• Genetics, Reproductive and Cloning Technology in “Frankenstein” If Mary Shelley was for the idea of cloning technology, I think her novel would have ended up with Frankenstein creating a female companion for the monster to compliment the theme of love in the […]
  • Mary Shelley’s “Frankenstein” and H.G. Wells’s “The Island of Dr. Moreau” Frankenstein and Wells’s recognize outcomes of genetic engineering and scientific experiments that lose locus of control and result in to unexpected outcomes that add a new dimension of the body of knowledge to the literature […]
  • Humor and Technology in “Young Frankenstein” Film One of the debates of the day was the question of the proper role of the scientist in the contemporary age, addressed in the novel Frankenstein written by Mary Shelley.
  • Mary Shelley’s Novel Frankenstein or the Modern Prometheus This is the main theme that the writer explores; in this way, she prompts the readers to think about the causes of misfortunes that struck many innocent people.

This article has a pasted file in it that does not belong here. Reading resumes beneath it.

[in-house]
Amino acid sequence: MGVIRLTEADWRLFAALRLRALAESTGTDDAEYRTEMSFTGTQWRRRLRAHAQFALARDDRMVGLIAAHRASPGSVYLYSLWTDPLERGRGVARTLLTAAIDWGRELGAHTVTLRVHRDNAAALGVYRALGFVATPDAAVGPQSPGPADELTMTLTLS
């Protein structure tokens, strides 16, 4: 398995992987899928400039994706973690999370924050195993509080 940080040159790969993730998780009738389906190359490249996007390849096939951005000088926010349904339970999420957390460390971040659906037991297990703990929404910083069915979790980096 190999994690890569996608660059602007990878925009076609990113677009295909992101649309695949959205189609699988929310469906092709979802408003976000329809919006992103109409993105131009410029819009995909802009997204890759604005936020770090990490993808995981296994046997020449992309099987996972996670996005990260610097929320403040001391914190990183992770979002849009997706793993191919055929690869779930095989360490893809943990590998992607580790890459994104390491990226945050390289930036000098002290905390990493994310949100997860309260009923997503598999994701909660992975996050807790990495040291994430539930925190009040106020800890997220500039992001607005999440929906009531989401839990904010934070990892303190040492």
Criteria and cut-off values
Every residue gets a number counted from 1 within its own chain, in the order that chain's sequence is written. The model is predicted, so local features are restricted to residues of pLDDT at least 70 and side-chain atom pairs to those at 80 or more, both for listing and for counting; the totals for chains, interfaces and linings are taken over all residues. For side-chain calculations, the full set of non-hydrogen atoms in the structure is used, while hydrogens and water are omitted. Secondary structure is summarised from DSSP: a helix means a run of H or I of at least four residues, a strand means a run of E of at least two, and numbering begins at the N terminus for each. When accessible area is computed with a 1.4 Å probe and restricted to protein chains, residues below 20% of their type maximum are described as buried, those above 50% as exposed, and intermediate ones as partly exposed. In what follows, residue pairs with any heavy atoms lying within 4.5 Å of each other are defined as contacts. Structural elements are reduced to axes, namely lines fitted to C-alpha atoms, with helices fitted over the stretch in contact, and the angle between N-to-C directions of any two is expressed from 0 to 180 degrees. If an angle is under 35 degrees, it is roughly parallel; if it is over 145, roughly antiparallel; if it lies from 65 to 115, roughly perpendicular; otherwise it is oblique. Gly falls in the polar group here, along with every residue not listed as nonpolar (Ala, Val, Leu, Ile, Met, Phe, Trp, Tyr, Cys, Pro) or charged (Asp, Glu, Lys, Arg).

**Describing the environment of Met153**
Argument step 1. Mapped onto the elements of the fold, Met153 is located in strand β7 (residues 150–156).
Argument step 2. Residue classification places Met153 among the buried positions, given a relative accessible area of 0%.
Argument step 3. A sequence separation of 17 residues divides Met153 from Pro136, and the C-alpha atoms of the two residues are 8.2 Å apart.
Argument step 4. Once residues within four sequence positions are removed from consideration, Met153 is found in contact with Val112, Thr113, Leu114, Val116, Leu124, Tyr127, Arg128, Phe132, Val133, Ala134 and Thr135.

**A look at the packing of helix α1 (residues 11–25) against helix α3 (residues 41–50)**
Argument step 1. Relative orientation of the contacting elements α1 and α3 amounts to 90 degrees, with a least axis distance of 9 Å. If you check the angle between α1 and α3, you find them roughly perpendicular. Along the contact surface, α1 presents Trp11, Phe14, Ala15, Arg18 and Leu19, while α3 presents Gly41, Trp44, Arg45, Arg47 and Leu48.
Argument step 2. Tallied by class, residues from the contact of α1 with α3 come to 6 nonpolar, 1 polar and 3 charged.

• Frankenstein: Influences of “The Prometheus” and “Paradise Lost” This is echoed in the novel, as Victor Frankenstein is said to create life against the laws of nature and is punished for it.
  • Artificial Intelligence and Frankenstein’s Monster: Article Review These models learn from the world around them and might eventually become sentient, and it is far from certain that they will decide to be benevolent to humans.
  • The “Frankenstein” Novel by Mary Shelley I predict that from the early moment when Frankenstein creates the creature, he will become the monster in his life, leading to madness, while no one will accept the creature because people are usually afraid […]
  • “Frankenstein” and “The Possibility of Evil”: Evil Theme The main difference between the stories of Frankenstein and The Possibility of Evil is based on the evil aspect and the type of horror represented.
  • Shelley’s Frankenstein: What It Means to Be Human The contestation was largely influenced by the Enlightenment led by the philosopher David Hume, who argued that there were different species of people and non-European species were “naturally inferior to the whites”.
  • “Frankenstein” by Mary Shelley Review The feelings conveyed in the book are incredibly gentle and pure, and the depictions of family life are of the most affable and straightforward, with a father who is alluring and deep.